When I was thinking of doing a free speech week, I realized that I didn't just want to dump a bunch of speech related posts. I wanted to draw some conclusions about trends or attitudes or insights related to free speech.
That turns out to be harder that it sounds. I've spent some time floundering with drafts. "First rule of free speech … don't talk about free speech!" Maybe not.
OK, here's a free speech insight that's simple but pervasive: it's not just about the rules, it's about the people applying them.
Hence my backup title for this post: Sexual Organ, My Ass!
You can draft speech-limiting rules that pass constitutional muster, but if the people applying them are intellectually dishonest, they're cold comfort.
Case in point: Charlotte Ross' ass.
Charlotte Ross is an attractive actress who played a cop on NYPD Blue. Eventually her character married Dennis Franz' character, either mocking or comforting men who look like me and Dennis Franz with the notion that women who look like Charlotte Ross are hot for us. Anyway, Charlotte did a scene in NYPD Blue — a show that aired at 10 p.m. in my time zone — that featured her bare rear end for a few seconds. The context: she's getting into a shower when her young stepson walks in, emphasizing the theme of how awkward their blended family is.
Enter the FCC.
Now FCC rules forbid content that "depicts or describes sexual or excretory activities" in a "patently offensive way." As discussed at Volokh, the FCC is proposing to fine a total of 52 ABC affiliates a total of $1.4 million on the theory that the scene showing Ross's rear "it depicts sexual organs and excretory organs, specifically an adult woman's buttocks." The FCC dismissed in snippy terms, and with citation to inapt caselaw, the notion that the buttocks are simply not "sexual organs and excretory organs." This is simply "common sense," the FCC suggests.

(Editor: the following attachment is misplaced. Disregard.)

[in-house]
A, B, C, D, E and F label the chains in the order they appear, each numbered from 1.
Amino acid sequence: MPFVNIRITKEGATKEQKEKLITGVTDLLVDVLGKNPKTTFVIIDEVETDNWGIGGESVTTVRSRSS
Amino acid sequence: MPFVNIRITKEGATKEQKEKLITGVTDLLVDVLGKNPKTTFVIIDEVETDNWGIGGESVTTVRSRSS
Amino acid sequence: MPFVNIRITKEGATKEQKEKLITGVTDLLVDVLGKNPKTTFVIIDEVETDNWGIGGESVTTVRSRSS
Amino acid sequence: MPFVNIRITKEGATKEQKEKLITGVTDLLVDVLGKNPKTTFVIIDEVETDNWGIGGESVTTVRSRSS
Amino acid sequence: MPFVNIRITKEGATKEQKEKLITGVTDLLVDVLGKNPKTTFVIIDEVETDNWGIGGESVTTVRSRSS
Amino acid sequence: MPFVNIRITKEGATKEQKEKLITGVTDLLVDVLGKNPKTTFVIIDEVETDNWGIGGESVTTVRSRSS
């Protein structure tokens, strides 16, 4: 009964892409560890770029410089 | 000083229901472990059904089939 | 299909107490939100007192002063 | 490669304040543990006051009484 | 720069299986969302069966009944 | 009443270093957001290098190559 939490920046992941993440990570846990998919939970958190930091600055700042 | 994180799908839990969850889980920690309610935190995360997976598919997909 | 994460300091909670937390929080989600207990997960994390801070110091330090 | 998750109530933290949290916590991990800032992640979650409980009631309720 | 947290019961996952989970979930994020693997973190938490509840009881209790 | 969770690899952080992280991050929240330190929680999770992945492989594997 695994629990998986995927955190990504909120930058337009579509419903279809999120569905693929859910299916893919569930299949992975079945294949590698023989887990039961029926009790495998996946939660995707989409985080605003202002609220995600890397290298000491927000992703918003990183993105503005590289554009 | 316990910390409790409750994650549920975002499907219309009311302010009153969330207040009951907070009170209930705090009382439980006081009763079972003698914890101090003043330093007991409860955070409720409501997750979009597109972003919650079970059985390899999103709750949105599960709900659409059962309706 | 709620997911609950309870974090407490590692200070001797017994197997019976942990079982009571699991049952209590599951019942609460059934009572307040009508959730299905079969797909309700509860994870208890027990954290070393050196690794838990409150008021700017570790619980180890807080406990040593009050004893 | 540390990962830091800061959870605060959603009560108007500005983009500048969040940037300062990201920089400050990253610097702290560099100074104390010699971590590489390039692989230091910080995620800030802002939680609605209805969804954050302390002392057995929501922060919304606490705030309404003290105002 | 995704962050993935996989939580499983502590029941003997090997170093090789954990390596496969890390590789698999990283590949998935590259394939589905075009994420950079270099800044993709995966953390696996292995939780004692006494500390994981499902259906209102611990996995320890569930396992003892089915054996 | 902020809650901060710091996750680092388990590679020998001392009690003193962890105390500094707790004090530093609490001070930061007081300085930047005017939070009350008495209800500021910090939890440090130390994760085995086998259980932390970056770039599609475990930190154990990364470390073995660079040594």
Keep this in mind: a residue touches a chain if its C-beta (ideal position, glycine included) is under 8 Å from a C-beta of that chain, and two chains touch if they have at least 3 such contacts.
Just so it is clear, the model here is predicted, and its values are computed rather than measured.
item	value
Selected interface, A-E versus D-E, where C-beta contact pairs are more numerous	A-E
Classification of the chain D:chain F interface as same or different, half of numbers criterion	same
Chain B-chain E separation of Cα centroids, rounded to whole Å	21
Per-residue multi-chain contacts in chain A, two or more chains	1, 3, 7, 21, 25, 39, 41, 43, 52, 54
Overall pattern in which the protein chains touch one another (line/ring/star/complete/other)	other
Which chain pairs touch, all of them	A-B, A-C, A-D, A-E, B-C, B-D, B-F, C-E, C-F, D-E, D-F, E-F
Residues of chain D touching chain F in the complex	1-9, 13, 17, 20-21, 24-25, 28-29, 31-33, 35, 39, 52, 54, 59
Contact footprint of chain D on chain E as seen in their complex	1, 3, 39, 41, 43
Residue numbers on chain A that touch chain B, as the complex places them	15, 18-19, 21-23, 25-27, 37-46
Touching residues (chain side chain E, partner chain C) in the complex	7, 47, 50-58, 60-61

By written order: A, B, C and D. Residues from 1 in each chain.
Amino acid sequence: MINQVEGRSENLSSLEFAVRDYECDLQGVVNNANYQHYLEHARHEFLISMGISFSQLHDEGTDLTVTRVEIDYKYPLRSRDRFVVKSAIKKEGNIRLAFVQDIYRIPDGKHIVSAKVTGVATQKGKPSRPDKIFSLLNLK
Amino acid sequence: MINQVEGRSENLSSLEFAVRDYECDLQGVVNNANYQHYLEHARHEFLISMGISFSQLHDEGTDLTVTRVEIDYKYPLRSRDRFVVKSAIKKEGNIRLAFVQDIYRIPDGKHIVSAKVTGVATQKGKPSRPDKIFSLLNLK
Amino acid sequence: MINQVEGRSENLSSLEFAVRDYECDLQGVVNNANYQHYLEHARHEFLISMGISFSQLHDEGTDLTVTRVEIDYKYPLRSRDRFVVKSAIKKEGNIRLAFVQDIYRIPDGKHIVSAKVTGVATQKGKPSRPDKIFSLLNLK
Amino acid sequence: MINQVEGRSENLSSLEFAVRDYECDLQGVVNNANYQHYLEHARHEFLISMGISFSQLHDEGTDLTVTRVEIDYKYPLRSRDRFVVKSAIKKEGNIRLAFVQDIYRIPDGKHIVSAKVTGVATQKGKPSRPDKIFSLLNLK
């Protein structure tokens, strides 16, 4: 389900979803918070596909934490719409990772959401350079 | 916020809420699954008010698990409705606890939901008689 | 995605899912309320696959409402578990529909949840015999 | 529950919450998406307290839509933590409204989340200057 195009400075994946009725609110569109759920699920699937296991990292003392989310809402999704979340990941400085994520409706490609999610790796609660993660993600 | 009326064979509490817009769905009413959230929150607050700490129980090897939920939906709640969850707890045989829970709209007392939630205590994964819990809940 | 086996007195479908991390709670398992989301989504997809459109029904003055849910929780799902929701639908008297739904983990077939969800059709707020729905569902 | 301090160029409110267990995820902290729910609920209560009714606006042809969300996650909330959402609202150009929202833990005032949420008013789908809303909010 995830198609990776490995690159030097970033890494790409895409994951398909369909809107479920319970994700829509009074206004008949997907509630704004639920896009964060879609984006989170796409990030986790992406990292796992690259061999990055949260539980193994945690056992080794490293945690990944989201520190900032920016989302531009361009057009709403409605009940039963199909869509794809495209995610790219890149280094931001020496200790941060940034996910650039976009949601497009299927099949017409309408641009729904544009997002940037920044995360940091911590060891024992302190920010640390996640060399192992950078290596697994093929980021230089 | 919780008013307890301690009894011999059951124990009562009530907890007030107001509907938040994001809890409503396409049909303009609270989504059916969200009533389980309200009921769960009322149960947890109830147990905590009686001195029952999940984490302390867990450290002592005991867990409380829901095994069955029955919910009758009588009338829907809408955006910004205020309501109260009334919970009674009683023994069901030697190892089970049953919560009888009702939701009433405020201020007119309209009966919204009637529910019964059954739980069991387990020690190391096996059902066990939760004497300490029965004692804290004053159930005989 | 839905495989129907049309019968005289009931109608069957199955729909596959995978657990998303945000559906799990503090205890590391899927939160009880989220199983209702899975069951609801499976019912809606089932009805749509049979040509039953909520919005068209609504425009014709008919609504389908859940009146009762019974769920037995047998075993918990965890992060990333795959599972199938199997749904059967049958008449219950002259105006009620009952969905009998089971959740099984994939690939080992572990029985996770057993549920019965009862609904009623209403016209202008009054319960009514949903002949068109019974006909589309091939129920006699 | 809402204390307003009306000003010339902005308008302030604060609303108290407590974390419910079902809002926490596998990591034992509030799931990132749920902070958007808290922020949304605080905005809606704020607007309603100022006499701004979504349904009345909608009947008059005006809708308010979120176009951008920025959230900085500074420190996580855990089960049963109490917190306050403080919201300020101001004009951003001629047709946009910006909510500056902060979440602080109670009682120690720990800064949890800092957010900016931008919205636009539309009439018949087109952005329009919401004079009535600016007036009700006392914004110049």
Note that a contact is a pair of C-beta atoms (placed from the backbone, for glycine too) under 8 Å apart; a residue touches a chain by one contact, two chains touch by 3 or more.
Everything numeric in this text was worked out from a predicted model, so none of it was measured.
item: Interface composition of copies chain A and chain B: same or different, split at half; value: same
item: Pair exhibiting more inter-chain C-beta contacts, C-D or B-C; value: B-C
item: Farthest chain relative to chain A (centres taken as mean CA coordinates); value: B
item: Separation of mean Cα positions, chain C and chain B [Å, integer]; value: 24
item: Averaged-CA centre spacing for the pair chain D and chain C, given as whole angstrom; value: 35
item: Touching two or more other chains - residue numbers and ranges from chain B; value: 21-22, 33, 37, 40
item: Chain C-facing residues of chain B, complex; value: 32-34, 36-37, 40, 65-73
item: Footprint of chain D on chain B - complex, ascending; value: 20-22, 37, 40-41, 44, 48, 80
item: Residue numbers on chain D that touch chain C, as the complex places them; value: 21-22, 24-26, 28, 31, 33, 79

I think that the FCC means something different by "common sense" than I do. Buttocks are not organs. They cannot excrete. Buttocks have never gotten anyone pregnant (directly) or gotten pregnant, either. Perhaps a rule that proscribes showing genitals and ani should also proscribe showing buttocks. But that's not the language of the rule. What this amounts to is the FCC officials saying "this should be prohibited," and finding an intellectually dishonest way to do it. Regrettably, many people support officials in this attitude — laws (even free speech restrictions) should be interpreted to achieve policy goals, even if the interpretation is not plausible. For example, see this hilarious meltdown in the same Volokh thread by Clayton Cramer, who rants and raves about how anyone who doesn't interpret "organs" to mean "anything naughty" want to force his child to watch sadomasochistic porn during the local news. Or something.
The Supremes would uphold, and have upheld, limits on showing sexual and excretory organs in prime time. They might even uphold a restriction on showing ass. But that wasn't how the restriction was drafted. The FCC simply turned an ass into a genital to suit its policy goal.
And that's one of the difficult things about defending free speech. You can oppose, and challenge, rules that on their face violate the First Amendment. You can even challenge vaguely worded rules that under some interpretations violate the First Amendment. But even if your vigilance leads to clear rules that meet constitutional muster, you still have to watch for dishonest officials willing to twist clear and constitutionally defensible language in order to achieve policy goals.
That's a pain in the ass.
Last 5 posts by Ken White
- Hate Speech Debate on More Perfect Live - September 5th, 2017
- Popehat Goes To The Opera: Un ballo in maschera - August 19th, 2017
- Department of Justice Uses Search Warrant To Get Data On Visitors to Anti-Trump Site - August 14th, 2017
- America At The End of All Hypotheticals - August 14th, 2017
- Lawsplainer: Why John Oliver Is Anti-Diversity Now - August 11th, 2017